Reframing the Israel-Diaspora relationship

Israeli Jews and American Jews are not the same. But, we are not as separate as many would have us believe.

American and Israeli Jews [Illustrative] (photo credit: REUTERS)
American and Israeli Jews [Illustrative]
(photo credit: REUTERS)
Not long ago, I was walking back to my car from a Seattle Mariners’ game when I was approached enthusiastically by two fans. “You guys are doing a great job over there in Israel!” one of them said. Perhaps, noticing my kippa, he mistook me for an Israeli. But, equally likely, he made no distinction between Israeli Jews and American Jews. He assumed we were the same.
We are not the same. But, we are not as separate as many would have us believe. A lot has been written recently about the divisions between Israeli Jews and American Jews. The list of our differences is impressive. Most Israeli Jews serve in the army.
Most American Jews don’t. American Jews are overwhelmingly liberal. Israeli Jews have elected a far-right government for the past 10 years. Israeli Jews think it’s presumptuous of American Jews to judge their decisions about security from the safety of their homes. American Jews think that Israeli Jews disenfranchise them by showing disrespect for their non-Orthodox choices.
There is truth in all of these explanations. Yet, we’d be mistaken if we concluded that these two communities are headed inevitably in different directions. Yes, the relationship has changed, but mostly that’s a good thing. Would anyone want to go back to 1948 when the relationship was strong, but Israel was fragile? The battle for Israel’s survival is over, and Israel has won. Let’s celebrate. Rather than lament the passing of the old relationship, let’s reinvent it.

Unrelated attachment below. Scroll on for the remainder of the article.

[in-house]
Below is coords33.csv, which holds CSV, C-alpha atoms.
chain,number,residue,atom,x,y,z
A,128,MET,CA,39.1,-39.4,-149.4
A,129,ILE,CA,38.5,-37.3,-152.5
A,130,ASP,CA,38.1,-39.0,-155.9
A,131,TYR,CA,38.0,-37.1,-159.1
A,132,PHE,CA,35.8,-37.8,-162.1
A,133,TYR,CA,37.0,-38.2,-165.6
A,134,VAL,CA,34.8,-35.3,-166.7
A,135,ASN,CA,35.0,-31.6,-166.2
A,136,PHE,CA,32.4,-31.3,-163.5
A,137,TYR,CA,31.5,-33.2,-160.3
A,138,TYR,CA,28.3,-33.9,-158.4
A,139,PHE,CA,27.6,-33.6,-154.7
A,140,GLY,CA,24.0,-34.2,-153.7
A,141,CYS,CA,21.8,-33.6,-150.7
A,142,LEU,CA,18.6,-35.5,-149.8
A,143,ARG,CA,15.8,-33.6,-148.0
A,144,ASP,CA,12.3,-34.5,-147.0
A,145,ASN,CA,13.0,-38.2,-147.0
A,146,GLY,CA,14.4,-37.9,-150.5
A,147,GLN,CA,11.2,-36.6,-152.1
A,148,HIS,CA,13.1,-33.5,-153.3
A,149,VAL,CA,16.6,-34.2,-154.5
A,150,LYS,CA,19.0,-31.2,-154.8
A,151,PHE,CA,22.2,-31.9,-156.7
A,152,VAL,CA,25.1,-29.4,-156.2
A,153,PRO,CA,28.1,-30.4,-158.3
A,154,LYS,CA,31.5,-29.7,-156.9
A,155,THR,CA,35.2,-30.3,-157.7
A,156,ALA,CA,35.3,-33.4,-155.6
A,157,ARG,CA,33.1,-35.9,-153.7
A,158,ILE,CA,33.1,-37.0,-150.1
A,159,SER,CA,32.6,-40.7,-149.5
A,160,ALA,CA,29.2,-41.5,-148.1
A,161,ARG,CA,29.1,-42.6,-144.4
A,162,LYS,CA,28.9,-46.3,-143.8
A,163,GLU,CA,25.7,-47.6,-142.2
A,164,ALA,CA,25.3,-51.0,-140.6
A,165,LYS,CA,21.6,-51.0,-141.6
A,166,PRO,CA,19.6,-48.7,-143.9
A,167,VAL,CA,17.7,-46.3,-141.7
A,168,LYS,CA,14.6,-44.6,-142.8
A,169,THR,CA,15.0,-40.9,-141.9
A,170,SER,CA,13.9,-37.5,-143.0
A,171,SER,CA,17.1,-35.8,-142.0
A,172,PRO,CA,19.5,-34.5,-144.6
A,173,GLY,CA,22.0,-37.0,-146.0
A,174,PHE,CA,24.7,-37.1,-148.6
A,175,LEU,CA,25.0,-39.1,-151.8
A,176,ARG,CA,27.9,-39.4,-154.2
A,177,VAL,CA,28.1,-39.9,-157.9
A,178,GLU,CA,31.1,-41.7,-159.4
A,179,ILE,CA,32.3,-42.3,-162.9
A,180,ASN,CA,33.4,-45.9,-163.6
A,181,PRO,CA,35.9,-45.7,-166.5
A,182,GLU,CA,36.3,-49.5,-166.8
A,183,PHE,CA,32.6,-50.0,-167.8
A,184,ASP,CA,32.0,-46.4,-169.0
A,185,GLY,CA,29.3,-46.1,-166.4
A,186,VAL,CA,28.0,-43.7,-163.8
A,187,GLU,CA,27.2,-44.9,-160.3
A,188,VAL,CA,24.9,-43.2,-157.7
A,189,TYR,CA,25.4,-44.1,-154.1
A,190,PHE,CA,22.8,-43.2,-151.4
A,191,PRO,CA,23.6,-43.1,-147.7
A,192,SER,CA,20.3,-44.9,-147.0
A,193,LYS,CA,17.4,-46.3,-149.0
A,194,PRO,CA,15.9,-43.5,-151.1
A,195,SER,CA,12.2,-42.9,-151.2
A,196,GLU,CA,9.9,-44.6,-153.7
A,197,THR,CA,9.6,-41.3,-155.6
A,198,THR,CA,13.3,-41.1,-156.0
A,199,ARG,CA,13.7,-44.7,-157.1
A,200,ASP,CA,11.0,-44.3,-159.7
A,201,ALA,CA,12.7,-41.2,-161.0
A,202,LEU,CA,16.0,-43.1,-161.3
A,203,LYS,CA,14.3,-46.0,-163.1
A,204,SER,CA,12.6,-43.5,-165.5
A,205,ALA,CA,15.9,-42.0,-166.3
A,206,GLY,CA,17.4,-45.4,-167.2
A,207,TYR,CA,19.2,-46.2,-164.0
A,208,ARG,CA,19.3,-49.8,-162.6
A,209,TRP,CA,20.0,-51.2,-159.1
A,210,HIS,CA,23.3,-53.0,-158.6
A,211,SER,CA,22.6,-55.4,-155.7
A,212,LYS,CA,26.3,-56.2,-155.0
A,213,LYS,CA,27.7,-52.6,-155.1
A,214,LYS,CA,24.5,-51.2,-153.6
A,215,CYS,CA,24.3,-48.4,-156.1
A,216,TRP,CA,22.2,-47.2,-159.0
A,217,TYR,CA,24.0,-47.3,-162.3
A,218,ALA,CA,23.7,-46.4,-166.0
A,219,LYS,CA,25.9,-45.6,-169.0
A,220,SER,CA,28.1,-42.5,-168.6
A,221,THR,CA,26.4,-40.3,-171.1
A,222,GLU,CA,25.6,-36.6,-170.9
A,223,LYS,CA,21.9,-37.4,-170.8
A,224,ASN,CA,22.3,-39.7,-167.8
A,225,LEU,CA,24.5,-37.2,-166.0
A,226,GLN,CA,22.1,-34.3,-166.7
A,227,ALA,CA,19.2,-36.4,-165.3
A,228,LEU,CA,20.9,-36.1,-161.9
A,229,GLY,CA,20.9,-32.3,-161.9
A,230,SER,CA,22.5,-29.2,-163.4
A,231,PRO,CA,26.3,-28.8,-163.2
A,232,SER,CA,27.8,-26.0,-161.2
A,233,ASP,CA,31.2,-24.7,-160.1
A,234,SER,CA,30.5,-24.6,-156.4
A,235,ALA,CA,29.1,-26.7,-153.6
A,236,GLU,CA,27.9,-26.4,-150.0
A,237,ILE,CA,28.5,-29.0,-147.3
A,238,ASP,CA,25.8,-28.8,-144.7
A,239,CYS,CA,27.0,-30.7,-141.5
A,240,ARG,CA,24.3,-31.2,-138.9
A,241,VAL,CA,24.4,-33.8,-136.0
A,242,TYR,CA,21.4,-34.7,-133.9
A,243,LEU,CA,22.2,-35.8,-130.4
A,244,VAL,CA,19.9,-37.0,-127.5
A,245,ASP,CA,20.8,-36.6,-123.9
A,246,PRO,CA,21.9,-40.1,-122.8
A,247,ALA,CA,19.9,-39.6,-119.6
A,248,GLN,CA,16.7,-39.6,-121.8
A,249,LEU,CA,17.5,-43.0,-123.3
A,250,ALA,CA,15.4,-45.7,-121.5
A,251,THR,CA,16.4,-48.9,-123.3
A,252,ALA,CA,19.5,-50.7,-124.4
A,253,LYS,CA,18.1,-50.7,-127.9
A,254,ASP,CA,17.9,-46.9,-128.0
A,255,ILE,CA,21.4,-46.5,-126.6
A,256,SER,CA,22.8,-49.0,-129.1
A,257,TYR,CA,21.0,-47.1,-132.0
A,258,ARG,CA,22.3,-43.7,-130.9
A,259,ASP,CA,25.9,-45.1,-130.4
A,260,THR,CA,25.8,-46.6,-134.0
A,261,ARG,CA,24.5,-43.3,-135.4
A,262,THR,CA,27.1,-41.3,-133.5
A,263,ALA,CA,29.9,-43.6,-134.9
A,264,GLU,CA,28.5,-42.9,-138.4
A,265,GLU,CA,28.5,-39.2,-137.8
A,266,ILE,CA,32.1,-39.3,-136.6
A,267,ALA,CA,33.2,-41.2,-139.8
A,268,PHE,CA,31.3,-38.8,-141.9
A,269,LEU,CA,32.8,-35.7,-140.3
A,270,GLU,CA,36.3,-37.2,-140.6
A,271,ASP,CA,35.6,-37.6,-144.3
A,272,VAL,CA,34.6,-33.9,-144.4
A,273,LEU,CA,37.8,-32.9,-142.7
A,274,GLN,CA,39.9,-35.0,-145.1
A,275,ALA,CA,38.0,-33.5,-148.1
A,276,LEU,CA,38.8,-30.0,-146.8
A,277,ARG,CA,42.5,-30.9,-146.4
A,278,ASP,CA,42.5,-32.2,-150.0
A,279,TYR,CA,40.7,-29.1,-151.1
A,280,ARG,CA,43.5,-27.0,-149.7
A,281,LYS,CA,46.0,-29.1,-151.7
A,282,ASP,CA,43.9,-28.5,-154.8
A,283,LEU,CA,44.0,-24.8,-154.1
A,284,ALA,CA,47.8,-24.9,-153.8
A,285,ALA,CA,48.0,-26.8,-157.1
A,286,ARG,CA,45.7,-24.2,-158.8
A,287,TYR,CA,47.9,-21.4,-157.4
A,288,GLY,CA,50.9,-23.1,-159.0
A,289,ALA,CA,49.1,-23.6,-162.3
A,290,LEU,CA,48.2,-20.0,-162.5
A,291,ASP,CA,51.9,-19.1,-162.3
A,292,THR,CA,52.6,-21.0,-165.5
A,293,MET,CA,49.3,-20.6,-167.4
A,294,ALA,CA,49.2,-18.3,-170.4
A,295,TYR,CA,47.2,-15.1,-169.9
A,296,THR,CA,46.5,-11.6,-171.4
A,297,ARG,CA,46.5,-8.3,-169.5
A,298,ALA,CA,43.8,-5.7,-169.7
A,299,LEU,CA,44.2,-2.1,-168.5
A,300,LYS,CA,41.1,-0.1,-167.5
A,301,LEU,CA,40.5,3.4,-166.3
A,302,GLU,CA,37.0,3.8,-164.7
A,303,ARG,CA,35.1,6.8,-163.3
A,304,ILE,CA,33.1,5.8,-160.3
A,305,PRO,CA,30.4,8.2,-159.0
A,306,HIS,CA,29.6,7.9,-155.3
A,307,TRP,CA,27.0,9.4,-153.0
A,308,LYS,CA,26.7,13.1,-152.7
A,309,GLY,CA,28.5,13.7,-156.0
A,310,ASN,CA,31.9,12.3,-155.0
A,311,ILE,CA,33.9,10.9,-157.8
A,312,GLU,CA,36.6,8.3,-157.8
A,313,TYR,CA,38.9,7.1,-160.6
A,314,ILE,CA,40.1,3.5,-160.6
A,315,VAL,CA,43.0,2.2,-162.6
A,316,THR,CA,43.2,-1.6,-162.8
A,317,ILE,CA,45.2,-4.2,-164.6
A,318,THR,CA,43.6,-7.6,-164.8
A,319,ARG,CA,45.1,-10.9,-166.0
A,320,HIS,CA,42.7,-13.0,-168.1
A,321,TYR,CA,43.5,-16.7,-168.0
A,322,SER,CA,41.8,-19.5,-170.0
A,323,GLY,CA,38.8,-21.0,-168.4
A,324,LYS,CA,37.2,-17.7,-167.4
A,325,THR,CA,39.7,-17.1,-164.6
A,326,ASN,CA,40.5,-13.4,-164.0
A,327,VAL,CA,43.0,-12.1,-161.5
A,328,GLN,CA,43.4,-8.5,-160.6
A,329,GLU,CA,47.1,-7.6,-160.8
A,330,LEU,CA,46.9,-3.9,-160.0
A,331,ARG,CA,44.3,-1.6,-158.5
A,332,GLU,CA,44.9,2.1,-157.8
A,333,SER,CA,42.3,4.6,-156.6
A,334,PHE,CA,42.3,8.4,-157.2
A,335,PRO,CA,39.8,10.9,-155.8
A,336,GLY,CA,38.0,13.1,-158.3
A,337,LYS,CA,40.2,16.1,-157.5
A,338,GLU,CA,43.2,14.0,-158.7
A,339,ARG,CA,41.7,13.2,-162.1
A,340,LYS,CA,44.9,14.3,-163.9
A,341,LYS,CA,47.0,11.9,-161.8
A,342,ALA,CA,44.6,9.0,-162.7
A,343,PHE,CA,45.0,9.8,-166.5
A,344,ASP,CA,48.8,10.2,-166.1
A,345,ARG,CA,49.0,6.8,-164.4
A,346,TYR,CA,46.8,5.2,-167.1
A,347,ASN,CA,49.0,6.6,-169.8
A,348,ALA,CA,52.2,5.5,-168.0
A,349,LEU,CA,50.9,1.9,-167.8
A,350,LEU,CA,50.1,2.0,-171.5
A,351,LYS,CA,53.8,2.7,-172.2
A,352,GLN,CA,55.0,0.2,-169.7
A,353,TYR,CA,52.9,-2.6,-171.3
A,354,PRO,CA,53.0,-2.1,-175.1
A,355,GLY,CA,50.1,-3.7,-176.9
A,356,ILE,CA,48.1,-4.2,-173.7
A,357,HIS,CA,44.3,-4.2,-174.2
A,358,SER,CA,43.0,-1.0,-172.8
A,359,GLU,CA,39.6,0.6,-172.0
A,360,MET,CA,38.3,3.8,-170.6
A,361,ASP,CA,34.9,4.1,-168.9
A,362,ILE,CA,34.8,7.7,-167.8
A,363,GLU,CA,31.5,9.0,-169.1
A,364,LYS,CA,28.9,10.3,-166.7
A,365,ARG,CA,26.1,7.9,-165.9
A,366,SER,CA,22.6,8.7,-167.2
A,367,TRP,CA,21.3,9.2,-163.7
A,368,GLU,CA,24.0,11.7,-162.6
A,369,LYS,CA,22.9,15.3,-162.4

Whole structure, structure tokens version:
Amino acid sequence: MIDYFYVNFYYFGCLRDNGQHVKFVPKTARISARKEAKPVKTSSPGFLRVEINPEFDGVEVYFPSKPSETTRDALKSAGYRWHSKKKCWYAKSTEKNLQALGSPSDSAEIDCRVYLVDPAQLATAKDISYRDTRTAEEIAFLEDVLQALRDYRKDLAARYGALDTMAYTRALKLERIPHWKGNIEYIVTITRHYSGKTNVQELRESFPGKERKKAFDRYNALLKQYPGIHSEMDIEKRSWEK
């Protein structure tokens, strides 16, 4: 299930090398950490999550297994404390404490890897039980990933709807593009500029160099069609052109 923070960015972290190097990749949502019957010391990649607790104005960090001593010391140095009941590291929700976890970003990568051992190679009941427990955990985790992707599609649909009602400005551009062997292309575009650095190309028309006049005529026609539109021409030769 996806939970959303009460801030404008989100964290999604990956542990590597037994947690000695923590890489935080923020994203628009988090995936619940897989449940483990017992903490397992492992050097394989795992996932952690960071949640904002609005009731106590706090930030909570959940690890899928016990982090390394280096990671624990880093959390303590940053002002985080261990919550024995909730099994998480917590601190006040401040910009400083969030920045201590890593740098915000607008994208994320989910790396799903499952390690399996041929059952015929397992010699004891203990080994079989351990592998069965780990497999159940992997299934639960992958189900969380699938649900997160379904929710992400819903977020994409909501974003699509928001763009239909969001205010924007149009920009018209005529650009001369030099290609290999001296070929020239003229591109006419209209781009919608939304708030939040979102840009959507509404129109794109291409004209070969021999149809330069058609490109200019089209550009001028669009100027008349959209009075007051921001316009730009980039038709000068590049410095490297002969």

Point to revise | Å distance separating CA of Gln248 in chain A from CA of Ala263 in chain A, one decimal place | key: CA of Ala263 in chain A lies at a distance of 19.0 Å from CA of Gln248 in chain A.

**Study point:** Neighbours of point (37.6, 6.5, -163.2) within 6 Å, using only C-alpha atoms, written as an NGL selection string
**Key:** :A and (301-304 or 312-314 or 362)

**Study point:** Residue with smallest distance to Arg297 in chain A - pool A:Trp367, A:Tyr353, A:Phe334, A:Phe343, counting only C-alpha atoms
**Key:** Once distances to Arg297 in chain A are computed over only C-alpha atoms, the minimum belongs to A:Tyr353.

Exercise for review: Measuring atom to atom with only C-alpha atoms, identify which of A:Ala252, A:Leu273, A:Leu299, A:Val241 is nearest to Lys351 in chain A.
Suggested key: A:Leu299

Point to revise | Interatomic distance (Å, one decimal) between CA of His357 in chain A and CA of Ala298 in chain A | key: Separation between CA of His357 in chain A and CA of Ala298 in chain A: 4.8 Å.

The old relationship was rooted in conceptions of Yisraeli/Israeli and Yehudi/Jewish that are changing as we speak. Yehudi is a Diaspora construct. The first time that the word Yehudi appears in the Bible as a synonym for the entire Jewish people is in the Book of Esther. Haman refers to “am echad/one nation” he wants to destroy. Throughout the story, this nation is referred to as “Yehudim/the Jews.”
Even after the dramatic the victory over Haman, this community of Yehudim, like all Diaspora Jewish communities, remained politically vulnerable because they lacked sovereignty. That is why it was essential that the new Jewish state be called Yisrael/Israel, and its Jewish citizens Yisraelim/Israelis. The name Yisrael evoked the glories of our Biblical past when we were in charge of our destiny in our own land. There was more than a political change at stake here. What was wanted was a change of identity.
For a while, the refusal of the Diaspora to disappear remained a threat to this new identity. In 1972, I watched the movie version of Fiddler on the Roof in Kiryat Shmona’s only movie theater. When we reached the Anatevka scene, the teenagers in the audience were laughing.
With good reason – Israelis are raised to be tough. Even after winning so many wars, the trauma of Jewish history still lay close to the surface of Israeli consciousness. These teens were still not secure enough in their own strength to show sympathy for Tevye. His vulnerability hit too close to home. And, this fear of vulnerability created psychological distance between Israeli and Diaspora Jews, between Yisraelim and Yehudim.